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Variable compression ratio engine

  1. Sep 24, 2007 #1
    I m making a project on Variable Compression Ratio (VCR)engine and hav got some ideas for attaining Variable Compression Ratio in an engine.
    i studied ur SAAB Variable Compression (SVC) engine,i found it quite intrewsting and innovative,but i wud like to have some more information about that engine that ll be helpful in my project.my area of intrest is:

    1.how u are changin the Compression Ratio?
    2.can it be done in a running engine?
    3.how are u locking it in one Compression Ratio position?

    i ll be highly glad to receive a reply from ur side n looking forward for the d same
     
  2. jcsd
  3. Sep 24, 2007 #2

    mgb_phys

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    Interesting engine - it tilts the cylinder head by a few degrees to change the volume without requiring any changes to the mechanics of the cylinder/head valve assembly or the pistons.

    No details on how they manage the sealing but on a small capacity engine it gives a big range in compression ratios.
     
  4. Sep 24, 2007 #3

    Danger

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    Welcome to PF, Shreesh.
    I must admit that I've never even heard of a VCR engine until now. I share Mgb's curiosity about how SAAB managed to seal that split-block design. Since GM shelved the project upon acquiring SAAB, I assume that there were some serious problems.
    There are a couple of other ways to achieve VCR that I can think of, but both would be pretty difficult to implement. One would be to use telescoping rods with internal hydraulic cylinders fed from a pressure supply piped through the crankshaft. The other would be to tweak the cam timing so that the compression stroke would force some of the fresh charge back through the intake valve into the manifold.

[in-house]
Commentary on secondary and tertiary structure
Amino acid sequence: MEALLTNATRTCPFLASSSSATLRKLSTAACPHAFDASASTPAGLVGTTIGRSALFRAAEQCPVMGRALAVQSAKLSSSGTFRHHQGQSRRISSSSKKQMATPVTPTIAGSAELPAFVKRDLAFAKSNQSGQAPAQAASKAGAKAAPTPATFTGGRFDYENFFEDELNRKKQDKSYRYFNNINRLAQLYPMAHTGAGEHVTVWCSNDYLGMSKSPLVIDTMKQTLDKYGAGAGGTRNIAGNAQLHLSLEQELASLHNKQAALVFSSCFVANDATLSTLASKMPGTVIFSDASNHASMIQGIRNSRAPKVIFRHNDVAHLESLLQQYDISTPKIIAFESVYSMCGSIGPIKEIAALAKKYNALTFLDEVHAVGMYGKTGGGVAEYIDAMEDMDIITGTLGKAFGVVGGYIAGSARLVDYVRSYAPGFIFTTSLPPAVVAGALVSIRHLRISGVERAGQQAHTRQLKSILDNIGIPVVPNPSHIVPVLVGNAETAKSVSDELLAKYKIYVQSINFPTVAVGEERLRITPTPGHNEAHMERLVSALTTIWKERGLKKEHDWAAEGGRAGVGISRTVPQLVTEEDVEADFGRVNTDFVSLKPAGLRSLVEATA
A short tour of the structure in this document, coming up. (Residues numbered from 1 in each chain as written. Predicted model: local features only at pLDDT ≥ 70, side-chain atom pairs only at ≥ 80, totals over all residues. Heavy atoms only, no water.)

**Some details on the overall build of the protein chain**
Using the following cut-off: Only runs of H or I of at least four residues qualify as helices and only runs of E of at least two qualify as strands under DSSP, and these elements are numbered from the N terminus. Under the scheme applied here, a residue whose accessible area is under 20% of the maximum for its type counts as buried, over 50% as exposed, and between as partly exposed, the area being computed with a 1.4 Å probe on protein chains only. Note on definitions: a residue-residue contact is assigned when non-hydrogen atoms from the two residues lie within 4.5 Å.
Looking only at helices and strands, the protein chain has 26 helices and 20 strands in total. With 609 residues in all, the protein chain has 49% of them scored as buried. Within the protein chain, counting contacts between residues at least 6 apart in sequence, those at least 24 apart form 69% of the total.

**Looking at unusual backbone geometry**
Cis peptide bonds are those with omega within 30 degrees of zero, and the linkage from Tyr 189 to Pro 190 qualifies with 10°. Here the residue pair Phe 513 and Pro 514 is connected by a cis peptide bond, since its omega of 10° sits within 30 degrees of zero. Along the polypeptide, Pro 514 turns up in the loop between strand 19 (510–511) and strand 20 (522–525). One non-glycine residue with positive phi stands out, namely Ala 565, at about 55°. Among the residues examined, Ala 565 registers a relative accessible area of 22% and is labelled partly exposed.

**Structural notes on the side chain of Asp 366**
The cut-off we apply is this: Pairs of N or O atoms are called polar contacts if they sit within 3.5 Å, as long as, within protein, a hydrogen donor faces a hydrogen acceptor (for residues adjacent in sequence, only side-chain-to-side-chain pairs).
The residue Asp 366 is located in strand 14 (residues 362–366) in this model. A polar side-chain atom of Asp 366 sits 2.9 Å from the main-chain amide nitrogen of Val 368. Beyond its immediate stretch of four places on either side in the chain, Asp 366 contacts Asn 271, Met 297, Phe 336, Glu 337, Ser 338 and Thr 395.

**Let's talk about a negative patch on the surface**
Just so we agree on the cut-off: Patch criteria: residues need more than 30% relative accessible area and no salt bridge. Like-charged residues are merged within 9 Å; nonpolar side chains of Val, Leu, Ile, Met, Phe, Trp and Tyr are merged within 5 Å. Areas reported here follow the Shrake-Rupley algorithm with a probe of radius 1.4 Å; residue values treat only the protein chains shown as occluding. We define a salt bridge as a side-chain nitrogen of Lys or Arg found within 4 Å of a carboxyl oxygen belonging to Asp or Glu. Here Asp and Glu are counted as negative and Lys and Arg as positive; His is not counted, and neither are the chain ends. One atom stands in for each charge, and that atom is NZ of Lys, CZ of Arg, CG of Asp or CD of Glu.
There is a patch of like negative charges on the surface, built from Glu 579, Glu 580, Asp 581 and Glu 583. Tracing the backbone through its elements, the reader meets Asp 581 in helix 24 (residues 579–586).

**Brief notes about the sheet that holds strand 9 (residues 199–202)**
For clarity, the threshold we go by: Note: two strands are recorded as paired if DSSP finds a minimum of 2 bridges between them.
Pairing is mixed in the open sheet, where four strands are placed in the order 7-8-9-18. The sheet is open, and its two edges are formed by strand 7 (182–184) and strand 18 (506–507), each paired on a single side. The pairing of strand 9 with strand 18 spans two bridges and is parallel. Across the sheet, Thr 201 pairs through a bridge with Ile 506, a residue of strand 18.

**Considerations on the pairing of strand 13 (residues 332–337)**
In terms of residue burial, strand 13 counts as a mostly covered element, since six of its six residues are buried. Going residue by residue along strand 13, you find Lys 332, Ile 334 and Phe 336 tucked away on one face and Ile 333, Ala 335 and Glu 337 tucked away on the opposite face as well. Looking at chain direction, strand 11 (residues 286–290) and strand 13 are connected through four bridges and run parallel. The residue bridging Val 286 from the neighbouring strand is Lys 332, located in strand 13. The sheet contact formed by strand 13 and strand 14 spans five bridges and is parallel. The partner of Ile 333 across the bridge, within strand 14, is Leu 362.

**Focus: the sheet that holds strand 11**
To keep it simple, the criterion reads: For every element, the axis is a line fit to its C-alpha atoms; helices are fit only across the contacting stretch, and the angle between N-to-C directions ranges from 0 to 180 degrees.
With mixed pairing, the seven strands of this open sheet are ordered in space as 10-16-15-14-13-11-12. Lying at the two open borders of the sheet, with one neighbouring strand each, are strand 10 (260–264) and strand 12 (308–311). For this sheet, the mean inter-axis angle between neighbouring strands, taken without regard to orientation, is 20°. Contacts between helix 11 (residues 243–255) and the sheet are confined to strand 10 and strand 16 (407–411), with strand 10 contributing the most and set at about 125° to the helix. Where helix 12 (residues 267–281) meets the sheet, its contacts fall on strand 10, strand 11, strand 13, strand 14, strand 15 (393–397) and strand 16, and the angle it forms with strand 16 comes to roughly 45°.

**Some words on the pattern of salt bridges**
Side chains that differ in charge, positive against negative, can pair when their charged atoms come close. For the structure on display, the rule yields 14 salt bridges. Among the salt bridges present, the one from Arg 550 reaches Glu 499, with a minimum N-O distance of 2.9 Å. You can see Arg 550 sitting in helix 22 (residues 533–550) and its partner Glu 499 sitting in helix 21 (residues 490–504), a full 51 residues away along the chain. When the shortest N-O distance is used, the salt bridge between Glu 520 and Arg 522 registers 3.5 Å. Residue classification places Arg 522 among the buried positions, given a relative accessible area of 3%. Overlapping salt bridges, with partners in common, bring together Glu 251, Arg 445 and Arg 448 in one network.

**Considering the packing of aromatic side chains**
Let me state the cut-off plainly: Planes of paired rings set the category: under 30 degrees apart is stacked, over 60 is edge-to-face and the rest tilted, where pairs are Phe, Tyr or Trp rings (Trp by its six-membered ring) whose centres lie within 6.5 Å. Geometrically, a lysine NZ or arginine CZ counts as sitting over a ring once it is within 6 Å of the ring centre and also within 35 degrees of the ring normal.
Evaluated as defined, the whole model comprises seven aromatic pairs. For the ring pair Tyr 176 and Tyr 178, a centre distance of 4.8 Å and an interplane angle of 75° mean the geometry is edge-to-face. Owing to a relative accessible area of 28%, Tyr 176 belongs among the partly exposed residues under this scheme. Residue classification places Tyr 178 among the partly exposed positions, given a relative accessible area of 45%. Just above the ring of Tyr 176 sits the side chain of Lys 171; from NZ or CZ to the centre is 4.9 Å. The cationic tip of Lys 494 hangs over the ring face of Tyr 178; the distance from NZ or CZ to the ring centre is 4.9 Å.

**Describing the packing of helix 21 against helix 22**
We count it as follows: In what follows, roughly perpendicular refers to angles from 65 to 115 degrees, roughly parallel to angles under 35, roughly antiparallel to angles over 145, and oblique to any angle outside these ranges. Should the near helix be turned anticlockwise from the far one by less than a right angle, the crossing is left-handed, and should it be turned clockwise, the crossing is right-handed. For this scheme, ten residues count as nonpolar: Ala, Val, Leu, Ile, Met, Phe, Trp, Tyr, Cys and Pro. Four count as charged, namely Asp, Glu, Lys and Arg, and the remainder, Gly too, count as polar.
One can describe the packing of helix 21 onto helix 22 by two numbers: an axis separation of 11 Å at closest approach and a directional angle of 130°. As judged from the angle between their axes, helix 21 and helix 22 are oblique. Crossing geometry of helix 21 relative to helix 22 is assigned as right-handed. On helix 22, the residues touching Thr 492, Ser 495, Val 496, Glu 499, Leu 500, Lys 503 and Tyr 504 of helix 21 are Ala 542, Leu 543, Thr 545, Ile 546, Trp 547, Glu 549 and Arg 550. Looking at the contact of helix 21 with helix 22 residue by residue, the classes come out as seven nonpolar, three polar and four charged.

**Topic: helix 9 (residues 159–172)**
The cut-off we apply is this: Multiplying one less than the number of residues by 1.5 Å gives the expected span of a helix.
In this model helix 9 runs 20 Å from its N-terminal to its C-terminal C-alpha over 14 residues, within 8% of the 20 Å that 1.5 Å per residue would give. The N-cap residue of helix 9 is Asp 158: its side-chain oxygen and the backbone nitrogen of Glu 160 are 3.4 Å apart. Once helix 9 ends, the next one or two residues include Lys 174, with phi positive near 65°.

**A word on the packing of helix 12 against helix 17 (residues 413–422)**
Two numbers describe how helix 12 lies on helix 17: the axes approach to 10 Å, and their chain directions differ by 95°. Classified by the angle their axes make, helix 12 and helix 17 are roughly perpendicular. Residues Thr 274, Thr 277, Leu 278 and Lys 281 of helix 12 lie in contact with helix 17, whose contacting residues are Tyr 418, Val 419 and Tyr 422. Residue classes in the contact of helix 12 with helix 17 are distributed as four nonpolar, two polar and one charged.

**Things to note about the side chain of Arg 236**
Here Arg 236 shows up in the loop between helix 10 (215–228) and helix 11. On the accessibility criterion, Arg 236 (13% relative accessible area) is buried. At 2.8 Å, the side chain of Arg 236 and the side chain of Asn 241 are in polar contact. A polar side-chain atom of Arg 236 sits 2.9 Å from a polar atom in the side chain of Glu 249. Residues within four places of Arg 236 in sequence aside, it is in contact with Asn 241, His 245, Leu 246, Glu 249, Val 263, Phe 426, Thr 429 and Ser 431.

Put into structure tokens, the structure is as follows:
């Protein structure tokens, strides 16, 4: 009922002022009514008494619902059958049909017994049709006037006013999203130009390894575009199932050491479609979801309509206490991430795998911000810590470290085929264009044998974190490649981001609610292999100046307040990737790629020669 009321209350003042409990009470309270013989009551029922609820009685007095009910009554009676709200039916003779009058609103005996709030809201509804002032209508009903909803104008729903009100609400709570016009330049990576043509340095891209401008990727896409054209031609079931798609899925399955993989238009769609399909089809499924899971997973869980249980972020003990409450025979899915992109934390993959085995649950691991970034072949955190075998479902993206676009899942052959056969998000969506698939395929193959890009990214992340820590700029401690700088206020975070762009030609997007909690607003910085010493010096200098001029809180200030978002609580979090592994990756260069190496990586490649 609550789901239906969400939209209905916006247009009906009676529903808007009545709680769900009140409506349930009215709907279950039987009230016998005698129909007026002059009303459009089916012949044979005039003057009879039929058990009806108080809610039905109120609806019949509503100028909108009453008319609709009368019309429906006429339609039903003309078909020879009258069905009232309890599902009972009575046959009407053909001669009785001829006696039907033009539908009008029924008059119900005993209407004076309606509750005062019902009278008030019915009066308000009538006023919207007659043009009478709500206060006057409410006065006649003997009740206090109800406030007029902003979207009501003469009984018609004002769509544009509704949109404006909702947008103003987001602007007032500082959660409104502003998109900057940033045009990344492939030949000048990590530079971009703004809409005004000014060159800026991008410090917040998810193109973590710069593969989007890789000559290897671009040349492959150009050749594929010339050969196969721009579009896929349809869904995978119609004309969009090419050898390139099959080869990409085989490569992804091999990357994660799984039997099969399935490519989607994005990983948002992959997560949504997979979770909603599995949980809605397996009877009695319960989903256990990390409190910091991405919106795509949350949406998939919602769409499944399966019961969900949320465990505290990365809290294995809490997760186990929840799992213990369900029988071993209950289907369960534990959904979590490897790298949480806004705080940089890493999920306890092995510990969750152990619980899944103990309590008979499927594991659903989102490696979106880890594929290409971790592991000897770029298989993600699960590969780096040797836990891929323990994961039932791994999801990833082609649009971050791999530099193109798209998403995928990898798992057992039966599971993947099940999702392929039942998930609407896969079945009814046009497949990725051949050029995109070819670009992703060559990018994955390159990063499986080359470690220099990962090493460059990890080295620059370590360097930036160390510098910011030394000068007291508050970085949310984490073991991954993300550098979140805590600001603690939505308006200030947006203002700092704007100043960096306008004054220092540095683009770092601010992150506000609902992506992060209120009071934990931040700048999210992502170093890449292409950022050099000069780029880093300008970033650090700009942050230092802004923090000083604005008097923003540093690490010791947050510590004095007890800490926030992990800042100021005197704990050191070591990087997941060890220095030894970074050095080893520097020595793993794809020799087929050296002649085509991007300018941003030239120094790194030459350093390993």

5. Sep 24, 2007 #4

    brewnog

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    Have a search for Miller cycle engines. It's not quite what you're after but it'll be interesting for you nonetheless; it effectively lets you have unequal compression and expansion strokes.
     
  6. Sep 24, 2007 #5

    mgb_phys

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    The advantage of the tilt is that it doesn't significantly change the shape of the combustion chamber so all the fluid dynamics of the burn are the same.
    I think introducing extra cylinders etc into the chamber to reduce the volume would lead to an inefficent burn.
    I would have though of having the valves seal against the walls of the a valve cylinder rather than a seat then you could retract the valves slightly to change the volume - and you could use the same mechanism as for variable valve timing.
     
  7. Sep 24, 2007 #6

    Danger

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    I think that you misunderstood what I meant about the hydraulics. My idea was just to have a system whereby you can lengthen or shorten the con rods. The hyraulics would be inside the rods. There would be no effect upon the combustion chamber shape; the pistons would just extend a different distance into them.
    I don't quite get an image of what you mean about the valves. Can you elaborate a bit, or maybe post a picture? It sounds interesting, but I'm just not sure about what the plan is.
     
  8. Sep 24, 2007 #7

    mgb_phys

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    I see - I thought you meant a sort of plunger piston to occupy some of the volume of the chamber.

    Instead of the valves pushing out into the cylinder and sealing flush against the valve seats - I imagined having them as miniture pistons with piston rings. They would go forward to allow the fuel in but instead of sealing flush they could retract into mini piston bores. The further they retracted the more volume added to the combustion.